To the Editor.—
The article on formaldehyde by Harris et al (1981; 245:243) reflects a severely restricted point of view. The article is further complicated because the citations do not correspond with the text, and the references cited have not been accurately reviewed. For example, in the Gofmekler1 study, the actual number of offspring in the formaldehyde-exposed rats was higher than controls (208, 235, and 135 for 0.8, 0.01, and 0 ppm formaldehyde, respectively). Marks et al2 has demonstrated that oral formaldehyde, even in toxic doses, does not produce statistically significant teratogenic effects in the fetuses of surviving dams.Harris et al apparently "confirmed" that formaldehyde can cause sensitization and airway obstruction based on the article by Schoenberg and Mitchell3—a cross-sectional study that lacked appropriate controls, included small numbers of exposed subjects, and did not exclude the contribution of parent resins, phenol, and acrylic breakdown products.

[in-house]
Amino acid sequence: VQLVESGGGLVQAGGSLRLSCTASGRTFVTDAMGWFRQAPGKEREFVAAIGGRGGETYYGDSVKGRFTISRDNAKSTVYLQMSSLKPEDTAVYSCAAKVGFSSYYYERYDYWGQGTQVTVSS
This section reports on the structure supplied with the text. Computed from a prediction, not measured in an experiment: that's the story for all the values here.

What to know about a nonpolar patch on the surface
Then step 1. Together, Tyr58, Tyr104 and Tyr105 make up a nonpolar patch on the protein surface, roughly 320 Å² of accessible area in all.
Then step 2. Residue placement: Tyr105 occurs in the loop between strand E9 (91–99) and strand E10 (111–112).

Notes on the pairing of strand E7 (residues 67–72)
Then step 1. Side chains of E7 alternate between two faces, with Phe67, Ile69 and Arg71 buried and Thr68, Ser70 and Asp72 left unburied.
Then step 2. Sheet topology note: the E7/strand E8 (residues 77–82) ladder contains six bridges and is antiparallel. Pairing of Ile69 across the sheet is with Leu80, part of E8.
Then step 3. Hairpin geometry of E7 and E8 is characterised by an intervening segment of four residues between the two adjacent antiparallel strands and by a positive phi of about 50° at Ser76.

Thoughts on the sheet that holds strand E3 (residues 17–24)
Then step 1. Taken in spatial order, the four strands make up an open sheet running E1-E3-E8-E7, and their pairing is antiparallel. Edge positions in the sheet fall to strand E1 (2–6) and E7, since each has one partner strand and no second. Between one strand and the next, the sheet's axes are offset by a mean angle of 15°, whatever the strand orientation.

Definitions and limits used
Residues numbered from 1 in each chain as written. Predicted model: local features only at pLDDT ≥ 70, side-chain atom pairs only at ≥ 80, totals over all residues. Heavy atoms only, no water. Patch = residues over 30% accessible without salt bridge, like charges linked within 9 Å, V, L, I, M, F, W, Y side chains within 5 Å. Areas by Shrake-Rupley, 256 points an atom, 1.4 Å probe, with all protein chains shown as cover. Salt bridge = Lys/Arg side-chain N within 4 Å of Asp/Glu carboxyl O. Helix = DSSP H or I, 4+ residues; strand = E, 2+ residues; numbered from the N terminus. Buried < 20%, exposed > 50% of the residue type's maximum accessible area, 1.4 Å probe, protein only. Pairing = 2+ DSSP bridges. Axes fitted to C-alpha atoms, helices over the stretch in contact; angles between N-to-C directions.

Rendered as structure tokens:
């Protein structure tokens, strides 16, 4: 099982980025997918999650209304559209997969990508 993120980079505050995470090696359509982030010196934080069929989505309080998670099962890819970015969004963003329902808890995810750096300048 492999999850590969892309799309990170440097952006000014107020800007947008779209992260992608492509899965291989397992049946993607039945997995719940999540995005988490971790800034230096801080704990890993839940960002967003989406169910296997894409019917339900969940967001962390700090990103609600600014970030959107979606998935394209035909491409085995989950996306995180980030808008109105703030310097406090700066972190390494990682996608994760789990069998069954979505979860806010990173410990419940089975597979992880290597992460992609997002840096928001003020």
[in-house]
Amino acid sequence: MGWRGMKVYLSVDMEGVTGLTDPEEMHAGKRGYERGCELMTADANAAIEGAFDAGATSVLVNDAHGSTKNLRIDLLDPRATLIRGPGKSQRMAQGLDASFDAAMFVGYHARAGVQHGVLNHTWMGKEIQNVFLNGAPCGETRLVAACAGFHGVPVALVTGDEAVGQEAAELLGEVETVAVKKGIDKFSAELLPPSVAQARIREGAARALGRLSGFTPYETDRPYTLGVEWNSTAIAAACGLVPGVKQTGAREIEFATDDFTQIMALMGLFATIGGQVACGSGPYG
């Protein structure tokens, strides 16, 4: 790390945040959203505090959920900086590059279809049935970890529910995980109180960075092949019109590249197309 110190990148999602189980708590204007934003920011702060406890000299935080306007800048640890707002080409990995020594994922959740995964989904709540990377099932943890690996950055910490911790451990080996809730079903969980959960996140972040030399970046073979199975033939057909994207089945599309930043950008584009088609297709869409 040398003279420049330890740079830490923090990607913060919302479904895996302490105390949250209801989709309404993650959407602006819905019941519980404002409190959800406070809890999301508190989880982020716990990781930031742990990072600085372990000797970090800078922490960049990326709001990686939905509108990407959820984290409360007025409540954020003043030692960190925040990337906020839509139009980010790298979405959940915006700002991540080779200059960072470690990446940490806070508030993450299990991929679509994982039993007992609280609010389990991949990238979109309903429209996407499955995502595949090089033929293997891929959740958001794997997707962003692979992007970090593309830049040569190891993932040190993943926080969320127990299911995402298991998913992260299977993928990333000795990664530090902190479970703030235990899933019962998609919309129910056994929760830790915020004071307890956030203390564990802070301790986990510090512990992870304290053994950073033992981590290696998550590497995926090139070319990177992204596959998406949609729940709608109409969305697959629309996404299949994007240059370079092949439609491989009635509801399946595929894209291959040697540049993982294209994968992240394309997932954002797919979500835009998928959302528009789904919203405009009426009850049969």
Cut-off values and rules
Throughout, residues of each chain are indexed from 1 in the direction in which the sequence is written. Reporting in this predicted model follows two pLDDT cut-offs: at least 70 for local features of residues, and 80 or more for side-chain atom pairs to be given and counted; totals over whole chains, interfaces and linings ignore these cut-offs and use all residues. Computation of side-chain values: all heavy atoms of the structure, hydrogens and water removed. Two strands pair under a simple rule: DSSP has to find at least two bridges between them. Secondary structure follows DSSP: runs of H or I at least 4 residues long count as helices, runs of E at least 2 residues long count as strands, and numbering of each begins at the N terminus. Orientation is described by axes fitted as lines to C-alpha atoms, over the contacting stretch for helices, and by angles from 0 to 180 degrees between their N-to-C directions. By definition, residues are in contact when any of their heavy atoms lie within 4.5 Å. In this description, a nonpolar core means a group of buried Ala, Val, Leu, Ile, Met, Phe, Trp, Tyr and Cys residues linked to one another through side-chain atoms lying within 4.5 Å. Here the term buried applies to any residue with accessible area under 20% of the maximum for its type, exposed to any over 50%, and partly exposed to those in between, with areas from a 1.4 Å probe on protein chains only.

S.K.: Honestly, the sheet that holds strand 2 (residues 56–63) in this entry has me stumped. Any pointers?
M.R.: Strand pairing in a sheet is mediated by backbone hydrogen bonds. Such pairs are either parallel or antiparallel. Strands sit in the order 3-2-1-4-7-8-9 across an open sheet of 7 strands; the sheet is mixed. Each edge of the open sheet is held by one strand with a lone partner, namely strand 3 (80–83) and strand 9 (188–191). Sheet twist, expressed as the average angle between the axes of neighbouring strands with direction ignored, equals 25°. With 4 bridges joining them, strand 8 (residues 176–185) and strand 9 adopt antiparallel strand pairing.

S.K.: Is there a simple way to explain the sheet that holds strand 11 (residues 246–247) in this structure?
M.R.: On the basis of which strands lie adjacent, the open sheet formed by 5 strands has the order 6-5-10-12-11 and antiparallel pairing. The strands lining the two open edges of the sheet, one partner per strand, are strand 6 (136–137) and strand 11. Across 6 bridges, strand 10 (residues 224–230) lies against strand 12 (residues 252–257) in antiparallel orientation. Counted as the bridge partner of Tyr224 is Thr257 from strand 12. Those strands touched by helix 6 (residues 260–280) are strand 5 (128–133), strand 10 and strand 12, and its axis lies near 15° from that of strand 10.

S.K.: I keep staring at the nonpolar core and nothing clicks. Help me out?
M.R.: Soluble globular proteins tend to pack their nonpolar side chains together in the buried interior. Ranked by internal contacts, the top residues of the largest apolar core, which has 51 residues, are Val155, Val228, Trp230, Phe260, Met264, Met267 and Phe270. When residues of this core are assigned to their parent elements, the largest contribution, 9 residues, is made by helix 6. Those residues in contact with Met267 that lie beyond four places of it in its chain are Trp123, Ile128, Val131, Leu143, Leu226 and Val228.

Bender JR, Reinhardt CF, Mullin LS. Formaldehyde Toxicity. JAMA. 1982;248(3):308–309. doi:10.1001/jama.1982.03330030022011
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